“The Scotsman,” said Claire, “ran a series of articles in which people who were well-known talked about things they loved about Scotland. I thought: Well, Jimmy Savile could talk about Glencoe.”
“Ah, of course,” I said, “he had a cottage in Glencoe!”
“And,” said Claire, “I had this idea that maybe because he had been famous for so long that that was why he was so weird and maybe, when he was in Scotland, he was more natural.”
“He was from Scotland?” asked Lynn Ruth.
“No,” said Claire. “He’s from Leeds, where I’m from.”
“As was the Yorkshire Ripper,” I said. “Is there a connection?”
“There is,” said Claire. “One of the Ripper murders was right outside Jimmy Savile’s house and on my walk to school.”
Lynn Ruth said: “Did you know he was a paedophile?”
“Well the weird thing,” explained Claire, “was that everyone knew in a way, because it was always gossiped about in newsrooms that he had sex with dead bodies in morgues and all the things that came out later. But I didn’t believe it.”
“It was,” I said, “so OTT it was unbelievable.”
“To have sex with dead bodies,” said Claire. “You think: Well that surely can’t really be true. But actually it was. The only person who told the truth at the time was Jerry Sadowitz.”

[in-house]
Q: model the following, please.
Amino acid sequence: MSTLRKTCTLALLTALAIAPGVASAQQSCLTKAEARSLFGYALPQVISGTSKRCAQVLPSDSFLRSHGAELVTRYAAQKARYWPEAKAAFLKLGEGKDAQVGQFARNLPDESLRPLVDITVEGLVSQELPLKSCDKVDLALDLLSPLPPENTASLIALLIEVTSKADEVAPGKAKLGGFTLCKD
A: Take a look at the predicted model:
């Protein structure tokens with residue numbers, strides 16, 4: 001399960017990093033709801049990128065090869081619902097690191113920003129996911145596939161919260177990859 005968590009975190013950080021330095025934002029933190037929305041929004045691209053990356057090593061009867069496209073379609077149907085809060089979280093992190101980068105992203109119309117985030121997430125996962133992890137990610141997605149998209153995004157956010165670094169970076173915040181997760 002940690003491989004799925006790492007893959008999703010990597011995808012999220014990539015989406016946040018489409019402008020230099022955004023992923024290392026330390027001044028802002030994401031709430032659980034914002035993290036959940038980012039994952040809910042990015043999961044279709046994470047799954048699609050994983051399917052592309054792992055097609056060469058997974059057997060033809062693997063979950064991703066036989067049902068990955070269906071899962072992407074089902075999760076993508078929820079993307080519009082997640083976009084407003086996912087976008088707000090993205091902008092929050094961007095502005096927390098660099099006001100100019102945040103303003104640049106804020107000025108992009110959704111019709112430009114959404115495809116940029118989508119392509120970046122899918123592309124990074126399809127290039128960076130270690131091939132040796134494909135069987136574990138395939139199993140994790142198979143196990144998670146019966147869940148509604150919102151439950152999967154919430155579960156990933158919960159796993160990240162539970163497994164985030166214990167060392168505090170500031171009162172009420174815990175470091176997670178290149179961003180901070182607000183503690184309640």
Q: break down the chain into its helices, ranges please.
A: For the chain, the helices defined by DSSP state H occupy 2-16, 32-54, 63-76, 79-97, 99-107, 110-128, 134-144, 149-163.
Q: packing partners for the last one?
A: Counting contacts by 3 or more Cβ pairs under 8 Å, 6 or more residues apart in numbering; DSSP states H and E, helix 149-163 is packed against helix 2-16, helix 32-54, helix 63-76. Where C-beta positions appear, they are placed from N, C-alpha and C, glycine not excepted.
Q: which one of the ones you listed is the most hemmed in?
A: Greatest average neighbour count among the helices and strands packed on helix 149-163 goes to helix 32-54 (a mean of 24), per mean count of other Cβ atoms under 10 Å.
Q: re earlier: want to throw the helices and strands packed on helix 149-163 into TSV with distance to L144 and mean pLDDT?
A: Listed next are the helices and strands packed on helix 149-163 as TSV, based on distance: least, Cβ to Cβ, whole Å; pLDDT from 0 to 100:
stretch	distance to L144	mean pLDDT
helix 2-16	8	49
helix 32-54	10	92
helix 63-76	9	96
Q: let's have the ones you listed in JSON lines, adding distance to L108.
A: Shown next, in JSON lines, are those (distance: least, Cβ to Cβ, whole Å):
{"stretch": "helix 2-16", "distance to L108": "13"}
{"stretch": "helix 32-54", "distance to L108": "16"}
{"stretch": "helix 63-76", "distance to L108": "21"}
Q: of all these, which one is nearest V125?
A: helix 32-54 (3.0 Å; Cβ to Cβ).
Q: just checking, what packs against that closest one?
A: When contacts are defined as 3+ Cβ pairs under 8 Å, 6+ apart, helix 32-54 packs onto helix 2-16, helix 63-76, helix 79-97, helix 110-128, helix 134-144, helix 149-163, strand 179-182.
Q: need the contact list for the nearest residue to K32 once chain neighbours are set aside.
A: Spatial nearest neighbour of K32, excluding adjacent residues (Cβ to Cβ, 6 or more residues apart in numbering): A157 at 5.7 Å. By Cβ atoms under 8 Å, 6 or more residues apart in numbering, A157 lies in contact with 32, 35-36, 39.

“Jerry Sadowitz,” I added, “said: Never trust anyone whose voice is like the sound of someone having a wank.”
“I had this idea,” said Claire, “that maybe it was just a media construction and, if I saw him in his own house, he was just an eccentric person and not so odd. But, at his birthday party, he was just cold. There was nothing there. When I got back, the News Editor asked: What’s he like? And I said: I’ve got no idea. He’s hidden and he’s hiding something. But I don’t know what it is. I wondered if it was because he was gay or something.”
I said: “I always thought he was gay because he wore brightly-coloured clothes and kept going on about how much he loved his mother.”
“You think that makes someone gay?” asked Lynn Ruth.